These are a few of the words that I recorded from that first visit . . .
Cobwebs drape necklaces of gathered dust beads, suspended in time, over the remains of the extinct forge fire. In the gentle light, tiny beads of soot and dust are captured in a snapshot of daily activity from the past. Every nook and cranny bears evidence of the decades of frenetic web building by the generations of spiders that continue to live there.
There will be updates on this new project . . . . . just, not sure how soon . . . .
with good wishes,
Cherish your journey . . . .
Glenda is in a joint exhibition - 'Explosion of Colour' at Harbour Cottage Gallery, Kirkcudbright until 9th September 2018
Out of necessity this is a short blog. A month ago I 'trashed' my timetable for Spring Fling Open studios and threw all my plans into chaos.
The 'to do' list was ditched and the focus of my attention became my 2 grandsons. Being energetic, lively, funny, lovable, huggable, 2 and 3 year olds, they take more energy and concentration than I'm used to expending. Following a fall, my daughter had broken her ankle and was on crutches and I moved into their home to help out. I say 'on crutches,' but this was when we could get them out of the hands of the youngest! He thought it was a great game to take them and run around the house with them. The damage he could inflict in 30 seconds was truly incredible! Thankfully, no pets or people were injured, but there were a few close calls- the fish tank being one of them! Between, their Gran and Grandpa, their Daddy and myself, we managed to keep them entertained, fed and clothed, while Mummy provided extra love and cuddles from the sofa.
During this time, we went to a number of activities, including 'art seekers' at the National Glass Centre in Sunderland, dinosaur mask-making, at Sunderland Museum and making fantastical fish while creating fishy stories, during a trip on the magic carpet, at a local child-centred cafe. The professionals who lead these activities wove a powerful spell, that totally engrossed the children and engaged them for long periods of concentration- developing skills for observation, listening and co-operation, that will be needed throughout their lives.
Is it just me, or, as we get older, do we forget how beneficial creative activities are in the development of our children? Art and creativity are not just beneficial for pre-school, but through the developing years of education and infuse an appreciation of creativity that has applications in adulthood too. If we want children to become innovative, original thinkers, then we need them to experience creative activities, not just the 3 R's. I know that school budgets are stretched and emphasis is toward 'academic' skills, but creative thinking is also such a valuable tool for work and mental health, all life long.
Now I'm going to have to stretch my own imagination and work out how I'm going to fit in all the tasks I'd planned to do in the weeks I was away. I want to make Spring Fling enjoyable for me and the 'Spring Flingers' when they visit at the end of May.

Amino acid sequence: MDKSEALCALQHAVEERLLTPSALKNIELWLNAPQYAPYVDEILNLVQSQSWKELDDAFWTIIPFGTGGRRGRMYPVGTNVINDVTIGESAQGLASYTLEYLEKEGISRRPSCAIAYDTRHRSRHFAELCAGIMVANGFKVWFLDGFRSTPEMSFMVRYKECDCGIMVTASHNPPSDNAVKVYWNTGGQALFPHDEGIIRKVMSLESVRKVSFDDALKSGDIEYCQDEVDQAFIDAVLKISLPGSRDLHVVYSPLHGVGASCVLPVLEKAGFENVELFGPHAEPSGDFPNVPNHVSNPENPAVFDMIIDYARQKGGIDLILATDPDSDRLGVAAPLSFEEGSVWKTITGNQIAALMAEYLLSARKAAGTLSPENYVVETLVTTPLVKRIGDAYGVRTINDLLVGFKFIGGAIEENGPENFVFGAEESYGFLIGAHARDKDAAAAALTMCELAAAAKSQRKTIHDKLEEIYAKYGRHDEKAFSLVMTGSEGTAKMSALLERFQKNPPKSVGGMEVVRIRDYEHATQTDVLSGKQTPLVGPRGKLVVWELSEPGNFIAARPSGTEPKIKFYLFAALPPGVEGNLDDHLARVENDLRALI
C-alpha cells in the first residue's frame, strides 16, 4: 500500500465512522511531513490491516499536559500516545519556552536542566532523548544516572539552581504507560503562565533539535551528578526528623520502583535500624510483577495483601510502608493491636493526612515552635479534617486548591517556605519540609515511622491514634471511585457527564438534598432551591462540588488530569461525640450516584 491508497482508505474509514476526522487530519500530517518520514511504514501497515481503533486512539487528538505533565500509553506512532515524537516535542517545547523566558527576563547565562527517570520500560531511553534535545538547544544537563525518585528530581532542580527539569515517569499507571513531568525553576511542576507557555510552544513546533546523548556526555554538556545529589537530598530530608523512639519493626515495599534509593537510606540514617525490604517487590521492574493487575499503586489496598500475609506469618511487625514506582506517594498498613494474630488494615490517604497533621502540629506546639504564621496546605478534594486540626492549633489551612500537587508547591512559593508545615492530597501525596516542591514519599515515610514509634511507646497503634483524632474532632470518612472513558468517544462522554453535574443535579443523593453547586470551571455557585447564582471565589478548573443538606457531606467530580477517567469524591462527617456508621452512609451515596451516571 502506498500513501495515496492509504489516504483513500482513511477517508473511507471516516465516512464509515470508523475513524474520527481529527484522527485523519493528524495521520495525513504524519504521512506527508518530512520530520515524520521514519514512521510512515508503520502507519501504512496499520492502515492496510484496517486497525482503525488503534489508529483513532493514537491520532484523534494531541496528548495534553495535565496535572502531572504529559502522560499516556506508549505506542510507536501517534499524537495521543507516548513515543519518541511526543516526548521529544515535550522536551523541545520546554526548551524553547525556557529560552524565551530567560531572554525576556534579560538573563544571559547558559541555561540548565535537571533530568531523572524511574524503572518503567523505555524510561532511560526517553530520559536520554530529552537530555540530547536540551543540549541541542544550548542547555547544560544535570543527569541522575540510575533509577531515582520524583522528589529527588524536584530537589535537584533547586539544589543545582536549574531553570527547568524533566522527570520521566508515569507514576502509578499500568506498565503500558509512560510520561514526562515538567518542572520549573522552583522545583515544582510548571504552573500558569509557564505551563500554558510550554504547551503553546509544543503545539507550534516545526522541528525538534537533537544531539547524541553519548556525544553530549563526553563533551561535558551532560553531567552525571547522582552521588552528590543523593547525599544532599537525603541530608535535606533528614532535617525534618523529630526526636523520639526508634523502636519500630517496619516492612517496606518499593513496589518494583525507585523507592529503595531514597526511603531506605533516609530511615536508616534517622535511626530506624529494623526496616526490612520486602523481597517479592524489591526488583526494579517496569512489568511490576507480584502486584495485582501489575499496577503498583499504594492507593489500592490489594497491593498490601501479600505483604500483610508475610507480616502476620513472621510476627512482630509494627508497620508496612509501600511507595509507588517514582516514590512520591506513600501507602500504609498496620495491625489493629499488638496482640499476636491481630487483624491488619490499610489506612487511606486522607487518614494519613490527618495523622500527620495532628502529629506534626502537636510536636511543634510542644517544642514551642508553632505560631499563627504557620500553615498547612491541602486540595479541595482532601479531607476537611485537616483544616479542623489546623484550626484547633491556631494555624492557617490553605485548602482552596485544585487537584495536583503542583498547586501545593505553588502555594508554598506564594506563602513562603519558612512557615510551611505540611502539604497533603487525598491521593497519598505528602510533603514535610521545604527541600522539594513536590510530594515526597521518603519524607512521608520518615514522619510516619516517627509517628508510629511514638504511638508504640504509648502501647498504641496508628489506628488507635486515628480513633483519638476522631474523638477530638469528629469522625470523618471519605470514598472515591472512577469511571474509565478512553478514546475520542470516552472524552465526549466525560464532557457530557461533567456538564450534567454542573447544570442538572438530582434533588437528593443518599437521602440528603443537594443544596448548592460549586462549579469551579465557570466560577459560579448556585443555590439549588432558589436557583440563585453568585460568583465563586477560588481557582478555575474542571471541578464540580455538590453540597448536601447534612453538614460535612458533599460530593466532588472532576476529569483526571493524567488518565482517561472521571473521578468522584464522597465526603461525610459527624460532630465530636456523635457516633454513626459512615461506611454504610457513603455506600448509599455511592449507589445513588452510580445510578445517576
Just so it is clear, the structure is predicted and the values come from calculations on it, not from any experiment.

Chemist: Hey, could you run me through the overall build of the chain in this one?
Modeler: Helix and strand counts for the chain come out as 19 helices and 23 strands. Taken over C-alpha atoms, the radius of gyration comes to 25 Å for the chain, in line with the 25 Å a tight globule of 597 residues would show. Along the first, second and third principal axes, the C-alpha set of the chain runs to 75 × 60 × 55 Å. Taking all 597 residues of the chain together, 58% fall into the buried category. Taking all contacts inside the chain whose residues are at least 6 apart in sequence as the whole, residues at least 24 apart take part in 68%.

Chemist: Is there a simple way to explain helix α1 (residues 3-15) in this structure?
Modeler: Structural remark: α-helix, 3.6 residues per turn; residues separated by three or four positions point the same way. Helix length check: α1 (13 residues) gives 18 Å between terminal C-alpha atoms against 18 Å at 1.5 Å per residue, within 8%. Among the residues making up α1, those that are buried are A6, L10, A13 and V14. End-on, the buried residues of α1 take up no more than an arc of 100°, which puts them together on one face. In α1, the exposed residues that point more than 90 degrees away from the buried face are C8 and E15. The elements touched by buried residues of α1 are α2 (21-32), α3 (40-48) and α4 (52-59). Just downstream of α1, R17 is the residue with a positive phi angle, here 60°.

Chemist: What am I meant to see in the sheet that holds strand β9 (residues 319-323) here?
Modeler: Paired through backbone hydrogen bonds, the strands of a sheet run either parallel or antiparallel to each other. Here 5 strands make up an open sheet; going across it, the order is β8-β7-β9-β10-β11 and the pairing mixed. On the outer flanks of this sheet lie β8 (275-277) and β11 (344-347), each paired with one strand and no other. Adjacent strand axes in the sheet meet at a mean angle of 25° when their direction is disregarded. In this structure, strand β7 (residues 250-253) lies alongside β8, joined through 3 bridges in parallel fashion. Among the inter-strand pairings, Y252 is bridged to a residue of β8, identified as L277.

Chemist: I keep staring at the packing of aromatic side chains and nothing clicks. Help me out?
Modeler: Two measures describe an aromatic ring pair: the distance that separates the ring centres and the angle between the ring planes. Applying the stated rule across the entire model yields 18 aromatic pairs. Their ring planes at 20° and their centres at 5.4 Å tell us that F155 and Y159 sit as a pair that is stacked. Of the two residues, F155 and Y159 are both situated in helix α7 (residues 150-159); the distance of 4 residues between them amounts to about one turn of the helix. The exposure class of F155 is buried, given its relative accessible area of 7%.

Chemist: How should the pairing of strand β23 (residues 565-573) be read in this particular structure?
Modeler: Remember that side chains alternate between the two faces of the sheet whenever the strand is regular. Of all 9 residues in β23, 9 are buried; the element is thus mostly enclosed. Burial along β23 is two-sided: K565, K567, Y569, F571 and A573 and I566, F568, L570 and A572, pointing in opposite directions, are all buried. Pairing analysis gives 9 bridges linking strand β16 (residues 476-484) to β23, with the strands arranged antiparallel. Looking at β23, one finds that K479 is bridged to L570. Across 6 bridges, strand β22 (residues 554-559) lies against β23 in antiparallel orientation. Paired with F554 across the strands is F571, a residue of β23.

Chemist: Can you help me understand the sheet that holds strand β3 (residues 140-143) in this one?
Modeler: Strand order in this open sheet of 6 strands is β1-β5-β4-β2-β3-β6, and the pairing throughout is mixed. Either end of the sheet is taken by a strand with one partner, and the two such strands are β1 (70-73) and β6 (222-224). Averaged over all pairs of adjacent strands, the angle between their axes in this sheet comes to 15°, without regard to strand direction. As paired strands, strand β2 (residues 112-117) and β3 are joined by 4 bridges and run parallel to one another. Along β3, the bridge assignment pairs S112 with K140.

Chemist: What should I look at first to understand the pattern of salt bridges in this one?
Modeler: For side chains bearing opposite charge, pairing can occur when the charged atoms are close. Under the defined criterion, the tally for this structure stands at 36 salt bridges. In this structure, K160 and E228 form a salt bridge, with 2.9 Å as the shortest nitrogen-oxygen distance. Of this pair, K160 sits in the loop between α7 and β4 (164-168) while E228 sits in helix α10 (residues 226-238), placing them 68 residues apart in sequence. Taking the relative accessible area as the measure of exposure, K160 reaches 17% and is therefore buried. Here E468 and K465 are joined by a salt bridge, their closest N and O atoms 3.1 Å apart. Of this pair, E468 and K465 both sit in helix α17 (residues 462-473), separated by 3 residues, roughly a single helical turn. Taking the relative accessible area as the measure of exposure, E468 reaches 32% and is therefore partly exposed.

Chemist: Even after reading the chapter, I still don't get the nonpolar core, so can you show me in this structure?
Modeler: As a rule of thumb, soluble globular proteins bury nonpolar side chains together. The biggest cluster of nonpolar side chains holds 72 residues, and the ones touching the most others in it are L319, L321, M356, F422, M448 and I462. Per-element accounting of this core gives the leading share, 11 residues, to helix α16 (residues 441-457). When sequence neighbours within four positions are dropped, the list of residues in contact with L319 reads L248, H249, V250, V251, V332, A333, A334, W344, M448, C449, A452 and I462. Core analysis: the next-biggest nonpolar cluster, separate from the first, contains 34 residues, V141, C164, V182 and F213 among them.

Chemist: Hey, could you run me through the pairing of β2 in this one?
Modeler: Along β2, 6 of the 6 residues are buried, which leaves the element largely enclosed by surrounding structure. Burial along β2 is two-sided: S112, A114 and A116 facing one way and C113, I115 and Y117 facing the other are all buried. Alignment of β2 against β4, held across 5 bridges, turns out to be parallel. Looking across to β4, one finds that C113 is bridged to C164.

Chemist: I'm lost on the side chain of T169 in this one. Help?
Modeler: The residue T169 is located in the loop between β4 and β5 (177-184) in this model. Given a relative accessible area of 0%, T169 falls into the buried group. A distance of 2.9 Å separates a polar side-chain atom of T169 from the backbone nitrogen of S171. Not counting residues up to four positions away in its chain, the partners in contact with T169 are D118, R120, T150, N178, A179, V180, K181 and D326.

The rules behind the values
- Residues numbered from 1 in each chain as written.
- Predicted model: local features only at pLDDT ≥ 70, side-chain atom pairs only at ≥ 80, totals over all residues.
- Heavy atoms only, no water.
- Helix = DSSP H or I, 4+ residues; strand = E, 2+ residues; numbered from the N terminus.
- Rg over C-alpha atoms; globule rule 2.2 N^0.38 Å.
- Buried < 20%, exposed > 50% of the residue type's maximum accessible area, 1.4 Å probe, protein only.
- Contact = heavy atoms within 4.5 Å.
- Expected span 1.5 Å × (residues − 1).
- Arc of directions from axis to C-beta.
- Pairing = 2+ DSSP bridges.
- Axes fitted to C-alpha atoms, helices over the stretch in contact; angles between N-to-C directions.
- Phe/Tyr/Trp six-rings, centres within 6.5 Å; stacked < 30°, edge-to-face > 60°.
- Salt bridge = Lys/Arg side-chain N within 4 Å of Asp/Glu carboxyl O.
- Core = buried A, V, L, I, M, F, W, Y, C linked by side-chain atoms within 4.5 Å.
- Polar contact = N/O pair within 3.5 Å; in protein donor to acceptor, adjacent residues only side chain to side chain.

Perhaps we should all imagine our own magic carpet ride, where will you go. . . . ?
best wishes to you,
Cherish your journey.
I decided it is very unlikely, I could be persuaded to ride a camel. Michael Palin's account of his journey across the Sahara, was more about endurance than discovery. Considering the extreme heat, the bouts of 'dire rear' and the possibility of kidnap by political groups, it was an epic journey. The unique, willful characteristics of his allotted camel were just a bonus!
While painting I often listen to audio books, loaned from the public library. (A luxury I truly appreciate.) 'Words' are a great inspiration to me. When an author paints a picture with words, expresses emotions or give the inanimate, life, it all works to make my brain 'tick' and drives my imagination.
Last week I crossed the Sahara from my studio, this week I'm hearing about innovation and 'What would Steve Jobs do?' There have been travel diaries and novels and I've been totally clueless about any number of murder mysteries! I did borrow an actual book, with pages, about 'blogging,' but, as it was longer than a copy of 'War and Peace' it remained largely unread. Hence the debatable quality of my blog posts.
A lovely bedtime read was 'The Living Mountain' by Nan Shepherd. A relaxing account of her explorations of the Cairngorm Mountains of Scotland. She fills the pages with such detail of the seasons and 'moods' of the mountain. Her descriptions of the flora and fauna and how the balance of even the smallest ecosystem is dependent on the whole living mass of the mountain, are fascinating and informative.
My latest bedtime read is 'The Old Ways,' It was loaned and recommended by a friend. I got to page 2 and knew I'd just love it! The author, Robert Macfarlane explores the ancient paths and byeways of Britain. Perhaps I'll be walking them in my dreams each night.
Once I find out what it was that Steve Jobs did, I'll be hearing about life in France . . . . . .
What's been your favourite read recently and how did it inspire you?
with best wishes,
Cherish your journey
It has always fascinated me that you can have a room of creative people and one subject to paint, draw, or write about and at the end of the task, each will produce something different on the same subject. I was reminded of this when someone asked me, 'where do you get your ideas from?' There are many sources for ideas and it is the development of those ideas that produce original work. Is there any truly 'original' idea? Probably not and that may seem a controversial statement! It is, perhaps, more about what makes your treatment of that idea new and different. My ideas often have a long 'gestation' period before they actually appear on canvas or paper. They gradually take shape in my head before ever getting into a sketchbook.